There are several different varieties of rice. Most people were raised eating white rice and continue to do so. However, different types of rice provide different nutritional benefits. Let’s look specifically at white rice, brown rice, and wild rice.
White rice has been milled so that the husk, bran, and germ are removed leaving you with a refined product. During this process, the rice is polished giving it the bright, white, shiny appearance we expect.
By removing these layers the flavor, texture, and appearance of the rice is changed and the shelf life is extended as it is now less likely to spoil.
Nutrients are removed during the processing, such as the B vitamin thiamine. Due to this depletion of nutrients, white rice is usually enriched. This means that some of the nutrients removed during processing are added back in, such as thiamine, niacin, and iron.
Brown rice is not milled, meaning the only layer removed is the husk, leaving the bran, germ, and endosperm intact. This makes for a wide difference in nutritional composition between brown rice and white rice.
During the enrichment of white rice, magnesium is not a nutrient that’s added back. Long grain brown rice contains 84 mg of magnesium, while white rice contains only about 19 mg per cup of cooked rice. Brown rice also contains a higher level of potassium, phosphorus, zinc and folate:
Potassium - 84 mg vs 55 mg per cup
Phosphorus - 162 mg vs 68 mg per cup
Zinc - 1.23 mg vs 0.77 mg per cup
Folate - 8 µg vs 5 µg per cup
Brown rice also provides higher levels of fiber and protein:
Fiber - 3.5 g vs 0.6 g per cup
Protein - 5 g vs 4.3 g per cup
Wild rice is actually a grain (the seed of wheat grass). Let’s look at the nutritional breakdown and the compare to white and brown rice:
Potassium - 166 mg per cup
Magnesium - 52 mg per cup
Phophorus - 134 mg per cup
Zinc - 2.20 mg per cup
Folate - 43 µg per cup
Fiber - 3 g per cup
Protein - 6.5 g per cup
Wild rice contains more protein, zinc, and potassium than both brown and white rice varieties. Wild rice is also significantly higher in folate and most of the other B vitamins.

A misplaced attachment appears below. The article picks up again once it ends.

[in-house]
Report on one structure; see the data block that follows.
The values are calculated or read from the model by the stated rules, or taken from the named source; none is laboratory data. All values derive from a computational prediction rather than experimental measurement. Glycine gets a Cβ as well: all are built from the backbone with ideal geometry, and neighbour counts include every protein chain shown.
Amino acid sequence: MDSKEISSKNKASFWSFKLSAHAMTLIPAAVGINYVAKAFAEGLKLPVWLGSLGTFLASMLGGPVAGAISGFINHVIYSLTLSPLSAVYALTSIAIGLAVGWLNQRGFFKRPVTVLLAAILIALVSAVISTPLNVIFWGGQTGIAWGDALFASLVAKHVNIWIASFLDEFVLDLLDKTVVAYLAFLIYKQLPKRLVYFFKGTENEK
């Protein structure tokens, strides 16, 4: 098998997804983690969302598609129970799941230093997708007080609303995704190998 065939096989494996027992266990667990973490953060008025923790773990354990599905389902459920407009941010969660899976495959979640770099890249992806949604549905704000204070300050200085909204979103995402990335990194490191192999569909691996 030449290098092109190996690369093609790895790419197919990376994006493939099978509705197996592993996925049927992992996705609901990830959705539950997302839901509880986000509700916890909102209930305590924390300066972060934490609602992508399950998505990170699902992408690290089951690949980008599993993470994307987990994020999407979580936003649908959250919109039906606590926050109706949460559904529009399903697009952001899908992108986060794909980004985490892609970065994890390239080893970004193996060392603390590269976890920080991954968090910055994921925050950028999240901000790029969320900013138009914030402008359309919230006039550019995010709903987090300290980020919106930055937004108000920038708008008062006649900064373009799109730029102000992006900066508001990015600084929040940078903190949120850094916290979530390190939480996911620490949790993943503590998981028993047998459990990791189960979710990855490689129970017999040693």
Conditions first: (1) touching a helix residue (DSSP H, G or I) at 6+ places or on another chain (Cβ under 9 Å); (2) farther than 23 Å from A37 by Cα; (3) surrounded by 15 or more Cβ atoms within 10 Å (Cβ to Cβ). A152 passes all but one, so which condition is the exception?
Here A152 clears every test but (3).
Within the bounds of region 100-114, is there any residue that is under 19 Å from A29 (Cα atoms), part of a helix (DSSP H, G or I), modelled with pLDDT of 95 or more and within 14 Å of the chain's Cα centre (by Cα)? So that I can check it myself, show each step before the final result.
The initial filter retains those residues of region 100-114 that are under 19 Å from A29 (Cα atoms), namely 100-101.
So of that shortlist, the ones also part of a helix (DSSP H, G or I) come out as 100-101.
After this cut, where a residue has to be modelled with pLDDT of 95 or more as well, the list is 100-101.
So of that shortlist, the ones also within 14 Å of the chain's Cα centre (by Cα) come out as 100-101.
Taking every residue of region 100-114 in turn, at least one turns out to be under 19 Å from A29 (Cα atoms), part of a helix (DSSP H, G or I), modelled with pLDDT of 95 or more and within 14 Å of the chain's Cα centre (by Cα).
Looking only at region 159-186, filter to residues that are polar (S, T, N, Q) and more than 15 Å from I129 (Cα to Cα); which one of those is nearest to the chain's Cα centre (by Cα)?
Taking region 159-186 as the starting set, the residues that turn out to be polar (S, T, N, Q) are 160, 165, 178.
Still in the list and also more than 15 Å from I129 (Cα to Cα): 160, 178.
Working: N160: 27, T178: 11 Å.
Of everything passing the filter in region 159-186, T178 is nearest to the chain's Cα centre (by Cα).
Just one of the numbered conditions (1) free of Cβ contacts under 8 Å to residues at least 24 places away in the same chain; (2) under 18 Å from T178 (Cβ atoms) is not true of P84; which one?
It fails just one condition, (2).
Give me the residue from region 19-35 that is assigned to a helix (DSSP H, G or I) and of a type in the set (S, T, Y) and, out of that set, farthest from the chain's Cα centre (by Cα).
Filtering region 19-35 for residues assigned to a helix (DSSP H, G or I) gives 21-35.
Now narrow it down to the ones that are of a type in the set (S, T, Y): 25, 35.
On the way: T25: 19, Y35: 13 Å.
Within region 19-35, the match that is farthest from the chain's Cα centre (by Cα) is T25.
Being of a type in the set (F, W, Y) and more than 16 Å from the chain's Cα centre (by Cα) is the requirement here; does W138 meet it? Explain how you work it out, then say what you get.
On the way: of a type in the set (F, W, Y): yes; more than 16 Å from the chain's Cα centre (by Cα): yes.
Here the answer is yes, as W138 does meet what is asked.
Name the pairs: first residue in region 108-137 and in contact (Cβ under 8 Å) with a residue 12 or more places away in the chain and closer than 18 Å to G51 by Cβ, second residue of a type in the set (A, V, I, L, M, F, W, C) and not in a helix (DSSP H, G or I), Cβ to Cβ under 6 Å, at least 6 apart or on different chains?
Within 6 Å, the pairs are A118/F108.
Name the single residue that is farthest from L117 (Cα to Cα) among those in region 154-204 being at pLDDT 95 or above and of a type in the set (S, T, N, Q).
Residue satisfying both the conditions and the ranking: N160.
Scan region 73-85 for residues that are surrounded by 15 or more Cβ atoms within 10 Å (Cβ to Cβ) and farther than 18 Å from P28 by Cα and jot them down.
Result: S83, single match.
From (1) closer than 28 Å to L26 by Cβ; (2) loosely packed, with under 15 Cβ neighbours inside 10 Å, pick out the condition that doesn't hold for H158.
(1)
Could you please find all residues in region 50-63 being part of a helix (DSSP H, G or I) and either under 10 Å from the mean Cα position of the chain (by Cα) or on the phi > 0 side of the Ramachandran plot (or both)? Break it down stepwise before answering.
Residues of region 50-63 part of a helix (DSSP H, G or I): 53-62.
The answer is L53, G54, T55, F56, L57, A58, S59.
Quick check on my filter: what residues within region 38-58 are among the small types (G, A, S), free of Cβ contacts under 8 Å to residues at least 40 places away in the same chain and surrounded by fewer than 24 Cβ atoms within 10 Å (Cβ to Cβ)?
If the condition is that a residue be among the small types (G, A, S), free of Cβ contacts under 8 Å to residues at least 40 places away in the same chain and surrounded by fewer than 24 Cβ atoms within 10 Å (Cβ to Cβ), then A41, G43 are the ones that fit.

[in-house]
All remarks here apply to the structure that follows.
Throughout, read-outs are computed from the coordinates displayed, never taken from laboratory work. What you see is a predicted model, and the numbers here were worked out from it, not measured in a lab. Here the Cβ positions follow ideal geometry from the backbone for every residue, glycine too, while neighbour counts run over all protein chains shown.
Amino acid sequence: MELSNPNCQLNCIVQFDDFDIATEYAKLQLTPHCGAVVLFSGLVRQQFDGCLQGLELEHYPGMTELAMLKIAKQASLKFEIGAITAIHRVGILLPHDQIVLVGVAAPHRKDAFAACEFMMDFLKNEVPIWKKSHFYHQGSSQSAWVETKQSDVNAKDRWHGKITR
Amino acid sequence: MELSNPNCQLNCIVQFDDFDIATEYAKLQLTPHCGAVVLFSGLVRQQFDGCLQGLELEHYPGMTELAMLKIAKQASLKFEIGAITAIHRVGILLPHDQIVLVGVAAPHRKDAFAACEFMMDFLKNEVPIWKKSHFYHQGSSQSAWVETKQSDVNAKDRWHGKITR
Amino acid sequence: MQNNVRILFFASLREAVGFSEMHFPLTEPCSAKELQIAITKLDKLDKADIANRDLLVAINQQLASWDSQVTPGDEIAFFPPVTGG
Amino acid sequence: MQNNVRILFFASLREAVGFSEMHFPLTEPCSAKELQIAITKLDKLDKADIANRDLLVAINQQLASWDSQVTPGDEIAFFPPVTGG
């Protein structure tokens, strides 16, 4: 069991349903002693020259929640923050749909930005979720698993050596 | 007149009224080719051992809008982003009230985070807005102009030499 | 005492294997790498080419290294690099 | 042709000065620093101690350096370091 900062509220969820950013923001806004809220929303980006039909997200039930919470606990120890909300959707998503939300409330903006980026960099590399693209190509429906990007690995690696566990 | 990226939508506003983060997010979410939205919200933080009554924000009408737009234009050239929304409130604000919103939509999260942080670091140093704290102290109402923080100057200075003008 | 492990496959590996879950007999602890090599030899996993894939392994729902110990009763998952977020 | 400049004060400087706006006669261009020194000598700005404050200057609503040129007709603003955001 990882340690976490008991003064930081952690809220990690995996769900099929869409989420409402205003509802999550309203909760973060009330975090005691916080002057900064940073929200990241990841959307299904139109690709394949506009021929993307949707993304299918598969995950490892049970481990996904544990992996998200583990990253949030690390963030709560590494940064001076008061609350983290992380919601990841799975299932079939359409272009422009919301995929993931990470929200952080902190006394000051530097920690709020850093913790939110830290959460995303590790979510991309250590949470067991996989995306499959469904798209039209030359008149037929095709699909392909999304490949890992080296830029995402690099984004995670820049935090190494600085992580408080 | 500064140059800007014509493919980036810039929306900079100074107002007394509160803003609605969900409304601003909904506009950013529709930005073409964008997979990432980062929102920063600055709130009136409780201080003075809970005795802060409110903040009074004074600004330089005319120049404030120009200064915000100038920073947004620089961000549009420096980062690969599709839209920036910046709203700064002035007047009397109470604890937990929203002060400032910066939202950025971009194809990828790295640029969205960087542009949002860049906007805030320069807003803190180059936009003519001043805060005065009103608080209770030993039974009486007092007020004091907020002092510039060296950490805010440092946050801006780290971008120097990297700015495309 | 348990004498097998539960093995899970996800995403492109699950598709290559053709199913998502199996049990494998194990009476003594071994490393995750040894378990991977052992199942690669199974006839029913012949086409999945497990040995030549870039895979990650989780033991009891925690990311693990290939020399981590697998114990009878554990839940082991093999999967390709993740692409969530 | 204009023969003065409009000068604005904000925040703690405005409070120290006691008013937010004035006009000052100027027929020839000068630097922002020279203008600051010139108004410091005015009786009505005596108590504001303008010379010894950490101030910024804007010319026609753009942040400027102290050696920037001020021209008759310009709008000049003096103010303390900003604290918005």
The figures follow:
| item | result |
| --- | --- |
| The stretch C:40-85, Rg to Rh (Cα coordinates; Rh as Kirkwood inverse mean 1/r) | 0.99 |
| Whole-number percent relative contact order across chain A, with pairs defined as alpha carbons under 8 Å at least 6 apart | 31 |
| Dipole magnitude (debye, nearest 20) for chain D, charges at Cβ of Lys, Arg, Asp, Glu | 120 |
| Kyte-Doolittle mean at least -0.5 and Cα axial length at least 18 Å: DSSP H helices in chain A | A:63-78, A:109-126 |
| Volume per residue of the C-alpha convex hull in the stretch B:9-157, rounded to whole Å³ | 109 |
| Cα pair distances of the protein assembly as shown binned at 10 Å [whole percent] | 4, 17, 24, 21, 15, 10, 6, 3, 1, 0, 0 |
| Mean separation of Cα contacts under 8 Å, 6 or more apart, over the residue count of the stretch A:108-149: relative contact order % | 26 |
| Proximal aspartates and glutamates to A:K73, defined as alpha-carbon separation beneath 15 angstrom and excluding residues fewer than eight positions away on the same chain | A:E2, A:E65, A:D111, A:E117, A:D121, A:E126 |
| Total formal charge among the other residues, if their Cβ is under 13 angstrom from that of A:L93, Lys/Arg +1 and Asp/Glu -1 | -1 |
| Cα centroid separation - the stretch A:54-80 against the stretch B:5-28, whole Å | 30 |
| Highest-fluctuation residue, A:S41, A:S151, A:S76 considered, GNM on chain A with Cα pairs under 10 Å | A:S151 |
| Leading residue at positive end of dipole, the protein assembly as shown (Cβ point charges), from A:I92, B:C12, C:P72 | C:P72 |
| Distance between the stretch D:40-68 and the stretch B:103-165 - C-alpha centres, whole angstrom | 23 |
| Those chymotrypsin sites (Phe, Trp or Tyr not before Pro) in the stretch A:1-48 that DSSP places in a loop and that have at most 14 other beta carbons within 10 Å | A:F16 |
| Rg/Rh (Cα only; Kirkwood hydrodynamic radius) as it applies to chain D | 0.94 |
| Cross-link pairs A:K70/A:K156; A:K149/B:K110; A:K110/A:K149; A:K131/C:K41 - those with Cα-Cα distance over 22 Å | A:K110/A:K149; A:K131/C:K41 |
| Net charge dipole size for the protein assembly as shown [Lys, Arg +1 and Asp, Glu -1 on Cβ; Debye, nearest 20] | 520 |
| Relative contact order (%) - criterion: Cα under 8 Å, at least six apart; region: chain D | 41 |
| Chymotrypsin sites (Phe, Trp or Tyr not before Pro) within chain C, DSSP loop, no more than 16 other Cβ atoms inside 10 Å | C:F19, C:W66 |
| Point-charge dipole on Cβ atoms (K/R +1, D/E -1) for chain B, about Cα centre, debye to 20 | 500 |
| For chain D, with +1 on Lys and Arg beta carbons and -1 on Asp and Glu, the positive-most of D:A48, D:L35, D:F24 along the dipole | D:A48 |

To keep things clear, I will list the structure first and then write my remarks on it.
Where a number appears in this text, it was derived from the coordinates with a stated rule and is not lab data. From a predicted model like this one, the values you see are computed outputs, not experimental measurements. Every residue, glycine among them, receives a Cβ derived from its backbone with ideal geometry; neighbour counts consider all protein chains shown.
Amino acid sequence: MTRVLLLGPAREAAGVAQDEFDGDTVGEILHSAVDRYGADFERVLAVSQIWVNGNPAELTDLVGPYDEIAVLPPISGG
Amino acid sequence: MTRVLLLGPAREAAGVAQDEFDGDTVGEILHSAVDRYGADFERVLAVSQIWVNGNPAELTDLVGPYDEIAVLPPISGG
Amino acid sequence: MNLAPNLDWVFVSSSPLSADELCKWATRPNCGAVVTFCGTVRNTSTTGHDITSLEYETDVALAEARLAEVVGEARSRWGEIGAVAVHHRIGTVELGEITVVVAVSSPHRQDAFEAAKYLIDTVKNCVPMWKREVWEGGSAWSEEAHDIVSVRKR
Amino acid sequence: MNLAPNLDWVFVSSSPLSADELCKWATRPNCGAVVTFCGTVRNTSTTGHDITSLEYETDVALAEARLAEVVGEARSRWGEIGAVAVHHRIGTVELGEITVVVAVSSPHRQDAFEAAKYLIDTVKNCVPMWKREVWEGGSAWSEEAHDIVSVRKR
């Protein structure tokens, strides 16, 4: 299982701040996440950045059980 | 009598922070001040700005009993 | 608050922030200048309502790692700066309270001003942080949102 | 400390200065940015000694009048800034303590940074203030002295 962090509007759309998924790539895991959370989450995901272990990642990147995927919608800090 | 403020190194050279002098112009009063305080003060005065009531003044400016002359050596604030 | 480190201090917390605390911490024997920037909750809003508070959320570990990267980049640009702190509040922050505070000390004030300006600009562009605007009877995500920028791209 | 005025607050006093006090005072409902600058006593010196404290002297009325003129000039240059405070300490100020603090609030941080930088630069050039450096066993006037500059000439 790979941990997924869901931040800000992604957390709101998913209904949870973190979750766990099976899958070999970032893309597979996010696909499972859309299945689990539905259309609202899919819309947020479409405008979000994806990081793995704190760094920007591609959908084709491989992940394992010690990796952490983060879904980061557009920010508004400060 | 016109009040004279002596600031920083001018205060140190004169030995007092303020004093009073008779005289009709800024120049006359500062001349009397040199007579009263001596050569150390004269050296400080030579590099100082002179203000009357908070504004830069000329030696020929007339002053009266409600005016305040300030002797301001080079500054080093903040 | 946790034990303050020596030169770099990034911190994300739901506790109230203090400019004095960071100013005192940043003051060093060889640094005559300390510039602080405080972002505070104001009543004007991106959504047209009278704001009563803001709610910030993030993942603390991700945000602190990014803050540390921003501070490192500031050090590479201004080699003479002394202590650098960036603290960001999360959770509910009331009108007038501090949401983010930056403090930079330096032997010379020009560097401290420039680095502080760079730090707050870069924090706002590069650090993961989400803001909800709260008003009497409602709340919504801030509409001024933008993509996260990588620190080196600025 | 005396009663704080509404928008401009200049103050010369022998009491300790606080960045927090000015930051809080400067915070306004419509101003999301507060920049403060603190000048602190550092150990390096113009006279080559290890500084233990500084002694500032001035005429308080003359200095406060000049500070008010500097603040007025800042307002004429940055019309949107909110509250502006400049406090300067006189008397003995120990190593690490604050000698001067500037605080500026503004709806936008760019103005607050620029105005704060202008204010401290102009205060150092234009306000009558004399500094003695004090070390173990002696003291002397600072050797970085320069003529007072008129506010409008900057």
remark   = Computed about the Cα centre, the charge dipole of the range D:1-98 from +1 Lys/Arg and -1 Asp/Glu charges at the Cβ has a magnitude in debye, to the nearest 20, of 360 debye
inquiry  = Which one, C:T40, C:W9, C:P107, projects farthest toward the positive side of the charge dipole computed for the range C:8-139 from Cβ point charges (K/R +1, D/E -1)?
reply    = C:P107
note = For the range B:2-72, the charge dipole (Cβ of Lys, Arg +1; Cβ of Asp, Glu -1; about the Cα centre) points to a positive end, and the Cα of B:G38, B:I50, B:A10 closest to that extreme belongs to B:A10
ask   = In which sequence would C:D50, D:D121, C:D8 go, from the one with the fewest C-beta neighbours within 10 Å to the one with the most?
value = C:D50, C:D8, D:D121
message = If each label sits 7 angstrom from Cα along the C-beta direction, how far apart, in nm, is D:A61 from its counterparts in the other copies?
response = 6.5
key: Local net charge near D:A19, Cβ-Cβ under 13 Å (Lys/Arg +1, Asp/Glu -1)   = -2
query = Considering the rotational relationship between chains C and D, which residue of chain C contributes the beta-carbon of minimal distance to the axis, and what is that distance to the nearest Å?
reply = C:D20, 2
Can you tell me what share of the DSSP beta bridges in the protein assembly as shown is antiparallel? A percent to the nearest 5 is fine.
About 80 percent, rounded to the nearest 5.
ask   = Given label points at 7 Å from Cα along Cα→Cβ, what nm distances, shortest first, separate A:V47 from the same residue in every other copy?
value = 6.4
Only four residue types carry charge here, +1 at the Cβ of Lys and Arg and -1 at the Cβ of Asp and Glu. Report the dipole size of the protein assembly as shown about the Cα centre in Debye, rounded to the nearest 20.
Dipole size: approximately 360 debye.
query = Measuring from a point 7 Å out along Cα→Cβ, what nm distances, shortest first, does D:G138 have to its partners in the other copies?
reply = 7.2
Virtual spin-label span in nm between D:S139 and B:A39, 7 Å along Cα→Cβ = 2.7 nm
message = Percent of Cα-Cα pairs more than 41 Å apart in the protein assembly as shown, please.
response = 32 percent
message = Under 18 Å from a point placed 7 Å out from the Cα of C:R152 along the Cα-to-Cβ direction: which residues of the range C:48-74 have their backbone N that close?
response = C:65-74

What this means for heart health
High blood pressure plays a prominent role in your risk for heart disease. To control high blood pressure, you need a diet rich in potassium and magnesium. To prevent heart disease you must also maintain healthy cholesterol levels, which means a diet rich in dietary fiber. Based on these needs you’ll want to include brown and/or wild rice in your diet over white rice.
Meatless meal option. . .
Even if you are not a vegetarian, it is still beneficial for heart health to include occasional meals that are not meat based. Preparing a meal including both rice and legumes provides all your essential amino acids equaling a complete protein source. A great alternative to consider
Lisa Nelson RD, a registered dietitian since 1999, provides clients step-by-step guidance to lower cholesterol and lower blood pressure, so they can live life and enjoy their family for years to come. Because her own health is the foundation of her expertise, you can trust that Lisa will make it truly possible for you to see dramatic changes in your health, without unrealistic fads or impossibly difficult techniques. She can be found on Twitter @lisanelsonrd and Facebook at hearthealthmadeeasy.